CHENEY -- School's out for spring break at Eastern Washington University, but class is in session for campus police who are using university buildings as a life-sized training facility for emergency response.
While many state colleges have their own police force they are relatively small departments and in the case of universities like Eastern and Washington State in Cheney and Pullman respectively they are also in relatively remote locations.
That means the officers safeguarding students may be on their own in a crisis situation.
In most barricaded suspect situations time is on the police officer's side. As long as no one is getting hurt the department can call up its SWAT team and negotiate a safe resolution.
However when someone is actively shooting hostages like the 32 people who died at Virginia Tech, campus police don't have time to wait for reinforcements.
"The ability to think on your feet and adapt to the situation at a moment's notice, on the fly so to speak is what's so valuable here," EWU Deputy Police Chief Gary Gasseling said.
The 'Active Shooter' protocol was developed after the massacre at Columbine High School on April 20,1999 near Denver, Colorado. Students Eric Harris and Dylan Klebold, armed with pistols, shotguns and carbines went on a rampage, killing 13 people and wounding 24 more before taking their lives. In that situation police waited too long to confront the gunmen and students and staff inside paid the price.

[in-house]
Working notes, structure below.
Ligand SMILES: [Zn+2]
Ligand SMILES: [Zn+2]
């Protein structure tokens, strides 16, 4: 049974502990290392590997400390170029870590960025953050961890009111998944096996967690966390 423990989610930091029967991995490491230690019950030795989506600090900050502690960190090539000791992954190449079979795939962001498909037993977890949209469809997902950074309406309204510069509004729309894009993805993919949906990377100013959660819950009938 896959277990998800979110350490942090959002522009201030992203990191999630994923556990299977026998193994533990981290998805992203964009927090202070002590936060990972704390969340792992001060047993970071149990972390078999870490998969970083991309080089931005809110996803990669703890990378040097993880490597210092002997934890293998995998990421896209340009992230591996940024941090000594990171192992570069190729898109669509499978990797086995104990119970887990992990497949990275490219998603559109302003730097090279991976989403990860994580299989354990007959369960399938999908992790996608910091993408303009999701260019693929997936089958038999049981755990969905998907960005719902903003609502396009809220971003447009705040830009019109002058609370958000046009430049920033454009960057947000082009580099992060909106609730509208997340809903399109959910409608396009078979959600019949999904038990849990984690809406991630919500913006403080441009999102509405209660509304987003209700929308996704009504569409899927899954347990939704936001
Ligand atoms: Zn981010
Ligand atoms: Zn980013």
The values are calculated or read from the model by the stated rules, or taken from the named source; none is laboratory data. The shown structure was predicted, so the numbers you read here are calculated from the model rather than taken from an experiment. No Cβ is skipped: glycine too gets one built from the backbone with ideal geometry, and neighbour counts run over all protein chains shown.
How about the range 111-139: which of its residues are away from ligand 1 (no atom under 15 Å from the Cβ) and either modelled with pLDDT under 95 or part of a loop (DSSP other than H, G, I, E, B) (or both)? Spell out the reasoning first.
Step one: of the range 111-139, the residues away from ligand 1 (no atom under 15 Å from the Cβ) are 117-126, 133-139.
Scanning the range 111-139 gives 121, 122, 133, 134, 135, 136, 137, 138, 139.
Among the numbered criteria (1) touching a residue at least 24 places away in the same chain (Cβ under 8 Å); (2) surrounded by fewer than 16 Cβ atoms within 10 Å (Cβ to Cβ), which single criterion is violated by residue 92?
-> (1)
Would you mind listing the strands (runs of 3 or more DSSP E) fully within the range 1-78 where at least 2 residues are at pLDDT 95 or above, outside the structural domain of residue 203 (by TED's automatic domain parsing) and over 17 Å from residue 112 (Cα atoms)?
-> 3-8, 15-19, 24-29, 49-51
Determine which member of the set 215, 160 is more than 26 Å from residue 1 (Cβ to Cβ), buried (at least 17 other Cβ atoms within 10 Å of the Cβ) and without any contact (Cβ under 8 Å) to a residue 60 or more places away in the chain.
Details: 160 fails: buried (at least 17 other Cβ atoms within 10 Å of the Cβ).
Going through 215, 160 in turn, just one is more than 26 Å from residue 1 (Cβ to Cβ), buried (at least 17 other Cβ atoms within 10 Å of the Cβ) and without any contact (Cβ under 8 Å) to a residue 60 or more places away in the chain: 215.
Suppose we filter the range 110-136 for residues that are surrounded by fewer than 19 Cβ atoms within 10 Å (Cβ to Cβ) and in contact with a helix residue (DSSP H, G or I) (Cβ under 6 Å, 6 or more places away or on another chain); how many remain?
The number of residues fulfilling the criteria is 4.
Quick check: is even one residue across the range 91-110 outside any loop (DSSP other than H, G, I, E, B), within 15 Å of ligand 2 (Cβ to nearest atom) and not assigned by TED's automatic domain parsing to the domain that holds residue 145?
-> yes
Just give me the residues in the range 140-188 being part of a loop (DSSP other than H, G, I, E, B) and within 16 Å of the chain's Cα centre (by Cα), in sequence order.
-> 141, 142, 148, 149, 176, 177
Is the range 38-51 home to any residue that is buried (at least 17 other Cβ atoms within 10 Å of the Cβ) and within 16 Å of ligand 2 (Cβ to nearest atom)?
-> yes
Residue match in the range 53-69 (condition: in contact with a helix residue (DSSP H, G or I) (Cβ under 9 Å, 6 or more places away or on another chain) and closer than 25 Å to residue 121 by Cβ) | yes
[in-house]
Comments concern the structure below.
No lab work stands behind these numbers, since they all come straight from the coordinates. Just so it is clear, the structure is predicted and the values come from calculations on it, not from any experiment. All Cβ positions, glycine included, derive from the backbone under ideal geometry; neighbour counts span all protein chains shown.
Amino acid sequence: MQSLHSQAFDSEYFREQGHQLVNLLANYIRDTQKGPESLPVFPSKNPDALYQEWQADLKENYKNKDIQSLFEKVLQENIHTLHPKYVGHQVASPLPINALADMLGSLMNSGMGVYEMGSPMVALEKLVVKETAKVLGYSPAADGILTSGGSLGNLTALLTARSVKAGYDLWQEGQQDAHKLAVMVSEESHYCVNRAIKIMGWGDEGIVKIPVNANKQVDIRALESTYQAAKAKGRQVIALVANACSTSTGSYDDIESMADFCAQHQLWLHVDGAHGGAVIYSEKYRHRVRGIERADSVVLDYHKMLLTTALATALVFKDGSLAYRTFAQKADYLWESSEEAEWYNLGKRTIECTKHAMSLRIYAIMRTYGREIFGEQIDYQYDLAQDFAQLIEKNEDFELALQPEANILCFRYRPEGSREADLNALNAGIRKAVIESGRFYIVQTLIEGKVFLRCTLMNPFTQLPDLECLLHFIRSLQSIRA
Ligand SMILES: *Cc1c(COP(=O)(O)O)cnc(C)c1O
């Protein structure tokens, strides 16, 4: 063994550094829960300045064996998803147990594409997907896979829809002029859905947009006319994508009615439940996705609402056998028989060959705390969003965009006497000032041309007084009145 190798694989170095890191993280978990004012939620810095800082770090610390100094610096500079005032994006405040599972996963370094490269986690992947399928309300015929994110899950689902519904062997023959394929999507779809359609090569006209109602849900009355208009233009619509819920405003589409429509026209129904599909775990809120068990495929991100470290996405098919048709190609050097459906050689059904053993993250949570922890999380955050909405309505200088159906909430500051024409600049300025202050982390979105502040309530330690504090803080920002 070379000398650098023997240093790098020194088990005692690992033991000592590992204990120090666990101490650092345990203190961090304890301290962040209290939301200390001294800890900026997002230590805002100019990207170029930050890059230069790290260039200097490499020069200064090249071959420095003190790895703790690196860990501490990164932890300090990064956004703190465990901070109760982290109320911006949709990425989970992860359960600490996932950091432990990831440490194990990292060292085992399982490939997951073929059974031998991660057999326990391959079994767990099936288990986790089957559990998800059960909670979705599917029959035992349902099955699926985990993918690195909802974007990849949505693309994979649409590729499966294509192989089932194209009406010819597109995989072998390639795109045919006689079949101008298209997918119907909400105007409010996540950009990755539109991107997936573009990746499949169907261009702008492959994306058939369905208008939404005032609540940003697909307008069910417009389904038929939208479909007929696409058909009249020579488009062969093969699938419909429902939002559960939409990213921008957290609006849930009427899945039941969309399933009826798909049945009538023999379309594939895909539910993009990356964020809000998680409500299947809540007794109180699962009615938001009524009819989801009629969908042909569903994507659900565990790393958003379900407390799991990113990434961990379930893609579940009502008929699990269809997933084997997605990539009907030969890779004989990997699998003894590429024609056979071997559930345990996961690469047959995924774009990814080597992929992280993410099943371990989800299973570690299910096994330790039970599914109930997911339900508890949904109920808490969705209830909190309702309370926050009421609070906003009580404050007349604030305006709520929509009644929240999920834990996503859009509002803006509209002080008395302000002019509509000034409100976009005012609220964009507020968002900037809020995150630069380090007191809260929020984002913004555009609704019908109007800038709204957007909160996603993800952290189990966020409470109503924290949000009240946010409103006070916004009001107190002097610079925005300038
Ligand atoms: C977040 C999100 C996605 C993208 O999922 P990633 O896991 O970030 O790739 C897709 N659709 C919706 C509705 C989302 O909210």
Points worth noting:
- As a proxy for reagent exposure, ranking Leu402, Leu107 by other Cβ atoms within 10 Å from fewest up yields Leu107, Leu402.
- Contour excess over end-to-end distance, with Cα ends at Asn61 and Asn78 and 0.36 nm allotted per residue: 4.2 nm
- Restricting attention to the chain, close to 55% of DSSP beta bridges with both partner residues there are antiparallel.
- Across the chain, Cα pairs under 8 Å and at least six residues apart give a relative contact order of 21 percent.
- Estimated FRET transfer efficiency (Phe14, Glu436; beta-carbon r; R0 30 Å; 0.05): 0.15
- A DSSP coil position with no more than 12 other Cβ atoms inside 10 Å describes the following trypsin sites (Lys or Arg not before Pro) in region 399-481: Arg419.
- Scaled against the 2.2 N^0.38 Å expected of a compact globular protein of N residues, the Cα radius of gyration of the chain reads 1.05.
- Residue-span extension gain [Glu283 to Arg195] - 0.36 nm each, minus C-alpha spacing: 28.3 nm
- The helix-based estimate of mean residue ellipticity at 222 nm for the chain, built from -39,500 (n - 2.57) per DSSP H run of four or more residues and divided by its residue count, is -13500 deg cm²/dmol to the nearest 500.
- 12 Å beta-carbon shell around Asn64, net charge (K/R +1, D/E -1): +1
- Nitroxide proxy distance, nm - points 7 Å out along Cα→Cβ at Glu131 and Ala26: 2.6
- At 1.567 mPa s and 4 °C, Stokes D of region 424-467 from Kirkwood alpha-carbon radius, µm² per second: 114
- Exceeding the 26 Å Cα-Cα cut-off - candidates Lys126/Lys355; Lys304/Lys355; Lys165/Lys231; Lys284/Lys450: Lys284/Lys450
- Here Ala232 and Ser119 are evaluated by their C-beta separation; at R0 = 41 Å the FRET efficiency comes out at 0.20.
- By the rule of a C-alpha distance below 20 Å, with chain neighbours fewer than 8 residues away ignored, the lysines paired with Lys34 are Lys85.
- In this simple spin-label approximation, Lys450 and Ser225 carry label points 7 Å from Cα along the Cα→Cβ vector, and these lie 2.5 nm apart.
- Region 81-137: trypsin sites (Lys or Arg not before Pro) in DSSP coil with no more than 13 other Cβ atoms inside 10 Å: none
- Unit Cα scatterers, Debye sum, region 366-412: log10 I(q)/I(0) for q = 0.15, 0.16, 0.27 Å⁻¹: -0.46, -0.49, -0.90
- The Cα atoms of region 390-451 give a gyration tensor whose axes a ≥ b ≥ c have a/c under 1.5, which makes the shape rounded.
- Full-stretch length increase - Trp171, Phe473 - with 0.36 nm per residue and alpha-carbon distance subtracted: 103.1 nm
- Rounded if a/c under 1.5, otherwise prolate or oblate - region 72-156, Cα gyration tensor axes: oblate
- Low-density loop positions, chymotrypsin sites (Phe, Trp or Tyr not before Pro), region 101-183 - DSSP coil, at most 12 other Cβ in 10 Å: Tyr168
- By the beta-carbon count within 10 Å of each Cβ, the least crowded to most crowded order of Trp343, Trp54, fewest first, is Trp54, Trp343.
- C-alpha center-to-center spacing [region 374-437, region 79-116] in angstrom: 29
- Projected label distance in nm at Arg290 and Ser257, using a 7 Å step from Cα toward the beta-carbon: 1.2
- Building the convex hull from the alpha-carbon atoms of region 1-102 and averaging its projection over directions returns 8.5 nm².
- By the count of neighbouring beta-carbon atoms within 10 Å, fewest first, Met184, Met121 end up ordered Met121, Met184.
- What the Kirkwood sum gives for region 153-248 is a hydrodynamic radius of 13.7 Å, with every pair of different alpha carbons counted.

Eastern Washington University police don't plan on making the same mistake.
"We hope it never happens here but if it does we are going to be prepared to the best degree that we can and have our officers ready to deal with the situation and we need to get that out to the students and the parents that we take this very, very seriously," Deputy Chief Gasseling said.
The need for urgency in confronting a gunman actively shooting hostage includes having a quick initial attack. As soon as there are three or four officers on the scene they'll band together in a diamond formation and with the help of a ballistic shield hunt down the gunman before he can hurt anyone else.
"There's not one right way to do it, if the right way is to successfully come through this without anybody getting hurt us first and the bad guy second and if anybody's gonna get hurt it's gonna be the bad guy," Deputy Chief Gasseling said.
Local police agencies have also learned another valuable lesson from the Virginia Tech shootings. On April 16, 2007 gunman Seung-Hui Cho chained the three main entrances to Norris Hall at Virginia Tech shut before going from room to room shooting teachers and students in the worst campus shooting in US history.
In preparation for having to conduct a breach on a building that has been locked shut from the inside, the Spokane SWAT team is now equipped with shaped charges that can be used to conduct an explosive breach into a building.